Despite Public Concerns about Lack of Additional Police, Fire Funding Sugarcreek Borough Passes 2017 Budget As Is

| December 22, 2016

Sugarcreek Borough
SUGARCREEK BOROUGH, Pa. (EYT) – Sugarcreek Borough Council voted 4-1 at its meeting Wednesday to approve the 2017 budget at $2.9 million with a tax increase of one mill to six mills and a tax rate of 55 cents on each front foot assessment for street lights in Rocky Grove and Reno.

The budget that passed – with council members Larry Baughman, Bogan Gougler, Howard Barger, and John McClelland voting in favor, and councilman Bob Resinger opposed on the grounds that council should go back to its original 2017 budget – was the same one presented at the meeting two weeks ago. It restored money for the police department that had been slated to be cut in the initial 2017 budget but still came in around $6,000.00 less than last year’s budget for the department of $426,510.00. It also included the $30,000.00 – $15,000.00 to each department – additional monies for the Reno and Rocky Grove Fire Departments, an increase of 150 percent over last year’s $20,000.00.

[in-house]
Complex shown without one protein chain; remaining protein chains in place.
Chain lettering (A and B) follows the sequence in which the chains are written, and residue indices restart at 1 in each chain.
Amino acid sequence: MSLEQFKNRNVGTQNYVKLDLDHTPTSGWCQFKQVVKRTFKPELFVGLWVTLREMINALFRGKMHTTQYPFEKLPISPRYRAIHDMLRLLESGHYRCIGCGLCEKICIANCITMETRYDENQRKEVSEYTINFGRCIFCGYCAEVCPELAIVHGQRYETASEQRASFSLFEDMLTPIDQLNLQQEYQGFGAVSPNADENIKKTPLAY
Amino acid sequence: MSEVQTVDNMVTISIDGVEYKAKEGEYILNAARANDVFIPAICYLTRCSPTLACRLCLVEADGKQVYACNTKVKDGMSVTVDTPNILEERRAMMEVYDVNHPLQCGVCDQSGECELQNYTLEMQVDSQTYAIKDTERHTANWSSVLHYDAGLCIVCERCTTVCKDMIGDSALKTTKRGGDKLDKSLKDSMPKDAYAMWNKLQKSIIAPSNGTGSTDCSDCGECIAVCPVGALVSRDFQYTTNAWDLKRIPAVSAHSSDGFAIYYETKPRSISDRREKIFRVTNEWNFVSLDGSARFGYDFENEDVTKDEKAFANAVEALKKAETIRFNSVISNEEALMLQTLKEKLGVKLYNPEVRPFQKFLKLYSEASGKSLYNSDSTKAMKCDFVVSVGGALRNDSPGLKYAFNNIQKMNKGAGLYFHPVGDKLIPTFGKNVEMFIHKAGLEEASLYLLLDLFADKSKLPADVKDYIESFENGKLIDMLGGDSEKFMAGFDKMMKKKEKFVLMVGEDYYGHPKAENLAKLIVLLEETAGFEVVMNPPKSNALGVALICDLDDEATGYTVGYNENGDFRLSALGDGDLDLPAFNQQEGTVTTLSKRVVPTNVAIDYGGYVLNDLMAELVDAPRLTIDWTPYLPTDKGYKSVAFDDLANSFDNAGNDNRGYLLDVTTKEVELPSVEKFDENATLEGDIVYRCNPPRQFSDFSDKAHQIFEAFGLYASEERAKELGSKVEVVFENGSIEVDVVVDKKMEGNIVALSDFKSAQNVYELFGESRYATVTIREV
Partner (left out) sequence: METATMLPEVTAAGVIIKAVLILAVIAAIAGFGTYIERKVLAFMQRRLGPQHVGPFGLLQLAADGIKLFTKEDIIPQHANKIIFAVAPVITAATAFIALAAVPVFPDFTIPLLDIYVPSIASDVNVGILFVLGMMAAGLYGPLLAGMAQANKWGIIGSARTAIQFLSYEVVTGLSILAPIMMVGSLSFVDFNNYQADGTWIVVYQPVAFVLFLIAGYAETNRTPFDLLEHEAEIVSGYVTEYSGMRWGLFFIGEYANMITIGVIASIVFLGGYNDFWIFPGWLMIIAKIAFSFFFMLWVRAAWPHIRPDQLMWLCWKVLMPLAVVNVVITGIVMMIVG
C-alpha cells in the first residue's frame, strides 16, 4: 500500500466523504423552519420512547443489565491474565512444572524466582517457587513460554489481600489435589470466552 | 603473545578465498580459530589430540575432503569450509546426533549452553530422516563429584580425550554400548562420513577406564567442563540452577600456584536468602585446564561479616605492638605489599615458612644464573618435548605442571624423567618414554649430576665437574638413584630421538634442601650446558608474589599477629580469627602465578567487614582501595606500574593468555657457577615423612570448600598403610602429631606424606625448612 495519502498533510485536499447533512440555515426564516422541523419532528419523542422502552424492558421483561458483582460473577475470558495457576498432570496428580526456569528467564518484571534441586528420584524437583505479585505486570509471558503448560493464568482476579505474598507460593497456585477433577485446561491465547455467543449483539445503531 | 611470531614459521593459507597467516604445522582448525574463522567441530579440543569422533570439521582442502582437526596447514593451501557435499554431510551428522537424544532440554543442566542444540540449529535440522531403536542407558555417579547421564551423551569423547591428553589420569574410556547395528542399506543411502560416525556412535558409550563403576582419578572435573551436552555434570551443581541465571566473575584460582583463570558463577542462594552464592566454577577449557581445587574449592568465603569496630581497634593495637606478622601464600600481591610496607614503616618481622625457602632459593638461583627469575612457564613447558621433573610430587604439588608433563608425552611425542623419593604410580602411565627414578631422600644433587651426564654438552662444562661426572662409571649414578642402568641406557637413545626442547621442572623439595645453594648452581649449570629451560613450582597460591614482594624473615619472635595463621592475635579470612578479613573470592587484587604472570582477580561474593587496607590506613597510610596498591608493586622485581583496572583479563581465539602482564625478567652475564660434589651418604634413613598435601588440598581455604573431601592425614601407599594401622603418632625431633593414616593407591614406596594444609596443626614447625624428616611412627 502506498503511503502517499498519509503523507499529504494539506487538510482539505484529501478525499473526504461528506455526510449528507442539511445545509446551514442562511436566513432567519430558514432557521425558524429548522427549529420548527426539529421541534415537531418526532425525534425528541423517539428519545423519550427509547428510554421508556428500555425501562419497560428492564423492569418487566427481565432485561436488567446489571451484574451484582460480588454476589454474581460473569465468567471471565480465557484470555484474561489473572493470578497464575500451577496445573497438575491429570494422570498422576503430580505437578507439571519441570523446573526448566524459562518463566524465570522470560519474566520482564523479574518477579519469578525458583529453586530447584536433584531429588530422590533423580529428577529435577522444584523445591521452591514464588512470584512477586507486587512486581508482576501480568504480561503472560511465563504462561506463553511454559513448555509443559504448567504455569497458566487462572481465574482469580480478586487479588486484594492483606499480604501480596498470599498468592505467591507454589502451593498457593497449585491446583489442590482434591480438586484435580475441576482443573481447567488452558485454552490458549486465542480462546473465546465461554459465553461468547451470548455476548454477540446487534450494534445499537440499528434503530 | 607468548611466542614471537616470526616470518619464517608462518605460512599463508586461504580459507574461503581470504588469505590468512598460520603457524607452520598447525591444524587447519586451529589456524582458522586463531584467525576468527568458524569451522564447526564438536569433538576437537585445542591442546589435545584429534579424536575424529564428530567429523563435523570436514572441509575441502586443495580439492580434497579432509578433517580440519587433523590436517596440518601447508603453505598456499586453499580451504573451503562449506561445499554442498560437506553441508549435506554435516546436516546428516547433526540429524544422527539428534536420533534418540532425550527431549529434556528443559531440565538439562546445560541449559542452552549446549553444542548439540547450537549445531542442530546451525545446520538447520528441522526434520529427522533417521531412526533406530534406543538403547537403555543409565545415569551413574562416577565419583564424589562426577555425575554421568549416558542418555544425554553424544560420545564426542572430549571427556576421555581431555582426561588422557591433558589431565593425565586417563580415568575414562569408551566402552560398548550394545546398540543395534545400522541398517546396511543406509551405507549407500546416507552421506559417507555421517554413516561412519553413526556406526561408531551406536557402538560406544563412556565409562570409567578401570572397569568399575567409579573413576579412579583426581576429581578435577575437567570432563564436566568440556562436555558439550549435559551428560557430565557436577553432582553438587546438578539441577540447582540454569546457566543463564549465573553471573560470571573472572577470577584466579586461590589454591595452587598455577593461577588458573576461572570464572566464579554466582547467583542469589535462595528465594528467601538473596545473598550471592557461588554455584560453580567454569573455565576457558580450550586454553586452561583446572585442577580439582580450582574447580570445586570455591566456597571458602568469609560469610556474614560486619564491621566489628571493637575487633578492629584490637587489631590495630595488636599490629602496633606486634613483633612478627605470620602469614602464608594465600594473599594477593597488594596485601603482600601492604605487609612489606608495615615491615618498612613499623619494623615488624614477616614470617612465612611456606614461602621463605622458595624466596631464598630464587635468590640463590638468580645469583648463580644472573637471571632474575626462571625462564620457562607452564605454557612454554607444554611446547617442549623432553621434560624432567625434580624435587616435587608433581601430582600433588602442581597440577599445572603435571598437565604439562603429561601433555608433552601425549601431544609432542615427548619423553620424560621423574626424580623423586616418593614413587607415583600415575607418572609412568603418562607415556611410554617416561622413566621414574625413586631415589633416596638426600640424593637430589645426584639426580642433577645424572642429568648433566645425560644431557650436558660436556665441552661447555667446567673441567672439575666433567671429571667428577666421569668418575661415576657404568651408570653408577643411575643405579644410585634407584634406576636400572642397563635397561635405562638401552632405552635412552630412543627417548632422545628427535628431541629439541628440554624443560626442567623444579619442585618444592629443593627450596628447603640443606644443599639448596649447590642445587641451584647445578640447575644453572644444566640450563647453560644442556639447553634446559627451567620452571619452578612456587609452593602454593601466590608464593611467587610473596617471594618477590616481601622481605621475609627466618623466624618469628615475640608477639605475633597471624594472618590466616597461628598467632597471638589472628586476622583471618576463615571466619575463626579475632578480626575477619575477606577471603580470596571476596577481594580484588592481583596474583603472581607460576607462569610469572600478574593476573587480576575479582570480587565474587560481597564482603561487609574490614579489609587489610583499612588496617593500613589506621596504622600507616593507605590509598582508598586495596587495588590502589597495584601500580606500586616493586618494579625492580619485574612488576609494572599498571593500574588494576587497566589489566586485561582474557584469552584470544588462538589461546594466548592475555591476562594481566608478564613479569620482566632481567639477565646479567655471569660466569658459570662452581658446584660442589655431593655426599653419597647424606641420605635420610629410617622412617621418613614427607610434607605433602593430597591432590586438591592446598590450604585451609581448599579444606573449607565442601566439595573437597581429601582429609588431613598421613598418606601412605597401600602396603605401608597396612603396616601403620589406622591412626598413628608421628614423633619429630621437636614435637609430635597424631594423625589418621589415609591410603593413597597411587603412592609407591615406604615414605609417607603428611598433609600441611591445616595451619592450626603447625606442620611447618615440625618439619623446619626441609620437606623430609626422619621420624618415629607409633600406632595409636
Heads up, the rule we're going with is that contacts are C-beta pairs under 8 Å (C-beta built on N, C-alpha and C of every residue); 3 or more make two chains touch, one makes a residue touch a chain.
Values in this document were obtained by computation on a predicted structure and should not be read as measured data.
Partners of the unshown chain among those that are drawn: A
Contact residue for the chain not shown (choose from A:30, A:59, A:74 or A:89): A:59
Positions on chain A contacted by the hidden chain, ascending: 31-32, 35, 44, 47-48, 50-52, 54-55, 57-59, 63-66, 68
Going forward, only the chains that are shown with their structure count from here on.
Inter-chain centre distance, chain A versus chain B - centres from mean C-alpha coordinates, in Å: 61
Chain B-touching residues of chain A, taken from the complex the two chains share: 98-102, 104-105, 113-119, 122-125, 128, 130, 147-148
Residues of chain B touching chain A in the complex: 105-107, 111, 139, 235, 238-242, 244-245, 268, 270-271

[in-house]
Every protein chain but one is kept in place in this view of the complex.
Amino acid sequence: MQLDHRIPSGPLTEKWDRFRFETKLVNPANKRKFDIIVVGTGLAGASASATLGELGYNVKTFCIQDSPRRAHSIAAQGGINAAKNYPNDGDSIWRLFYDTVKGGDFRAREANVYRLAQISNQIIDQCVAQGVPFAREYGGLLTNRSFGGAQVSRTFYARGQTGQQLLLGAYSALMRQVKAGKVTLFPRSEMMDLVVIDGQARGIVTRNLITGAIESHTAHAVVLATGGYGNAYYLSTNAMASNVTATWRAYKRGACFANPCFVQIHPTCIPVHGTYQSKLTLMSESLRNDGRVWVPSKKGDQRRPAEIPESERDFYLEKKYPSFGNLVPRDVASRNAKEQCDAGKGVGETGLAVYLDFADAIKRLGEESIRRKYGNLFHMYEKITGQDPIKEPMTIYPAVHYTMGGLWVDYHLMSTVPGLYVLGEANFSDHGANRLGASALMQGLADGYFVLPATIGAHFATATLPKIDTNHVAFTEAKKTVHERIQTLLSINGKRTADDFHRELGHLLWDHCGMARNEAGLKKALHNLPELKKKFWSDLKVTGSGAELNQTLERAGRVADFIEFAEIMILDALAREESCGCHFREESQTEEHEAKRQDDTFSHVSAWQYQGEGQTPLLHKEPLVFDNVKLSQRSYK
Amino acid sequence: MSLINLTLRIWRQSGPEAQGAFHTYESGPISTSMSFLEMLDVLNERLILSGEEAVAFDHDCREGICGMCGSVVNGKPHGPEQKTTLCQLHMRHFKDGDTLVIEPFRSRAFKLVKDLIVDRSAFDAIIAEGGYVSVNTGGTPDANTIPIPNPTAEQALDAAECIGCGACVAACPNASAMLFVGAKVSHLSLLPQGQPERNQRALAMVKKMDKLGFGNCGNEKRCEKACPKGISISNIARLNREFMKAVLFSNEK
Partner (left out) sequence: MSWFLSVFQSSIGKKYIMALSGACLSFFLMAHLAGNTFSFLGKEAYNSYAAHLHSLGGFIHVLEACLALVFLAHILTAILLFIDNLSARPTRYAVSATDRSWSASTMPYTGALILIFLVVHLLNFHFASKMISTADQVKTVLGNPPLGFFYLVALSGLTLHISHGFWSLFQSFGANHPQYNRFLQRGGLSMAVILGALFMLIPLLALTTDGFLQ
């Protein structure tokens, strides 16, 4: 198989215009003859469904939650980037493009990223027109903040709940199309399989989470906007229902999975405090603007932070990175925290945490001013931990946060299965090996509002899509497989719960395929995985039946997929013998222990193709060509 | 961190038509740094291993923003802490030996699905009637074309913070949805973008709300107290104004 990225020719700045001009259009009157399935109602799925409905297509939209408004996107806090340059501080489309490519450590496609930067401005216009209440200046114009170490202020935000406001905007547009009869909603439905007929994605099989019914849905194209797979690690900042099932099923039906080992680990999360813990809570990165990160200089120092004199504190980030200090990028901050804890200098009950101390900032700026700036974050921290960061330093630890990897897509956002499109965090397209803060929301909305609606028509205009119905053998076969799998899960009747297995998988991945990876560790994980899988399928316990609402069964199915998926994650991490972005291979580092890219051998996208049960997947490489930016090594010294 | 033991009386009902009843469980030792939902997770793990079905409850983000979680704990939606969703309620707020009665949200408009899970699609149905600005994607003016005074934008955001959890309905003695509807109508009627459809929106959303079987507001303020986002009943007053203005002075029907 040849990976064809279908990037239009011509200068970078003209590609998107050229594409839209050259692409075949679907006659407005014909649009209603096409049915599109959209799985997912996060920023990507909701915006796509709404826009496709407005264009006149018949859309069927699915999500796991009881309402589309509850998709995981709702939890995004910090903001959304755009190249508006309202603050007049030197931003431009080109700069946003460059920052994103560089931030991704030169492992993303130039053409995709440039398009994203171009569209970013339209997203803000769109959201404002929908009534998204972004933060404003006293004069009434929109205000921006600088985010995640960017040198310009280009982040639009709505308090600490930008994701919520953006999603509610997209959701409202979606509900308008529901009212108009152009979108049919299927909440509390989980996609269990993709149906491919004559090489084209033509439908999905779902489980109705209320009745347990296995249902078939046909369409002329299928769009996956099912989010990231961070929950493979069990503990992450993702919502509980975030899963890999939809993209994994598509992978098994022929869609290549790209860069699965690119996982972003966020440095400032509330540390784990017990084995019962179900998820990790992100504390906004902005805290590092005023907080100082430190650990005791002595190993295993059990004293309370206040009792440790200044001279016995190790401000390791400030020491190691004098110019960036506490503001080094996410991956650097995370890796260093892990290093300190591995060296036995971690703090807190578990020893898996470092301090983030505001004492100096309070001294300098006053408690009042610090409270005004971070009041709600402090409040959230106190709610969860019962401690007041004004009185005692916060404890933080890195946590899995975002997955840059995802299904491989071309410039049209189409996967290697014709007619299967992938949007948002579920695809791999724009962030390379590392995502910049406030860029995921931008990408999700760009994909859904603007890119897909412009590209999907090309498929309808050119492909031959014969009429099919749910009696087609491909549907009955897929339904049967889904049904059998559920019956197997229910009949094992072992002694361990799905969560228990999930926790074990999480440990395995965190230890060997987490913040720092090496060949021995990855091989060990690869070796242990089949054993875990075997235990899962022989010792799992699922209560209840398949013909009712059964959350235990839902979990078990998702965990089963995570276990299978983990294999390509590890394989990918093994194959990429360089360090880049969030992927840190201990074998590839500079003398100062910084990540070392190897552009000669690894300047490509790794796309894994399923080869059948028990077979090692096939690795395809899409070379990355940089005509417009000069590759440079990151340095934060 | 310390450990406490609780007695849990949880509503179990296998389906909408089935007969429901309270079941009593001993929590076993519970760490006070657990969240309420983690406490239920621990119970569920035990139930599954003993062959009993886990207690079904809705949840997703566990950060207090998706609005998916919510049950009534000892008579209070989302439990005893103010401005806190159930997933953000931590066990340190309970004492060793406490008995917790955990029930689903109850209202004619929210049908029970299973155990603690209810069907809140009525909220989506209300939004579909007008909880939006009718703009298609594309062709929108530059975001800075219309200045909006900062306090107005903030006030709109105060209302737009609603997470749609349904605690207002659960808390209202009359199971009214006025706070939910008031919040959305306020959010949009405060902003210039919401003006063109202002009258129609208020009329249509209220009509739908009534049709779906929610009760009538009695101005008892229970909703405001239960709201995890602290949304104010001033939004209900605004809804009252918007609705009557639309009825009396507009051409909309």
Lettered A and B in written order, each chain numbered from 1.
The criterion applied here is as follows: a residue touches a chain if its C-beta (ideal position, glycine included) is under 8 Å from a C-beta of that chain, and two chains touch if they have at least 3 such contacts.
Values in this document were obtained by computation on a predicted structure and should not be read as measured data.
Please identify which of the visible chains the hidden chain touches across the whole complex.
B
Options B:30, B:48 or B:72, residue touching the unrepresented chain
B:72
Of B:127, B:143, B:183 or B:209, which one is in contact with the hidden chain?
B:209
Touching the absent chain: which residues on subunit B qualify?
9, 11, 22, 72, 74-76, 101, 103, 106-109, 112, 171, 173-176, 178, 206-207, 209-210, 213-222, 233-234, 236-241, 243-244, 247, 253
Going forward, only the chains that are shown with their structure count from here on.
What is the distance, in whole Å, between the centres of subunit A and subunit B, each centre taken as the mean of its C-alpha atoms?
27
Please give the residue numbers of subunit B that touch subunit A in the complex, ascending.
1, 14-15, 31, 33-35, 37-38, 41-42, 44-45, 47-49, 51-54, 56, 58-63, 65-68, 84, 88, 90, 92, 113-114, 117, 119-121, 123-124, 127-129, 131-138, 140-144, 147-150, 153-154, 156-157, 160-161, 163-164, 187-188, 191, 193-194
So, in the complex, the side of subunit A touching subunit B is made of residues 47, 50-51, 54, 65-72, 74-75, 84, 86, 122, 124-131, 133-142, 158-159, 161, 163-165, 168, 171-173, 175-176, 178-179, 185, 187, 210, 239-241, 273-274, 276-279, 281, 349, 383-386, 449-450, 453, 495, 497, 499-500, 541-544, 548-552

But, it also wasn’t what most of the estimated 40 people in attendance wanted to see happen.

Led by Rocky Grove Fire Chief Jeremy Simchick and Reno Fire Chief Mike Garbacz, most of the public that spoke wanted to see the budgeted monies for the police and fire department raised and for a part-time officer, Joseph Highfield, to be made a full-time officer.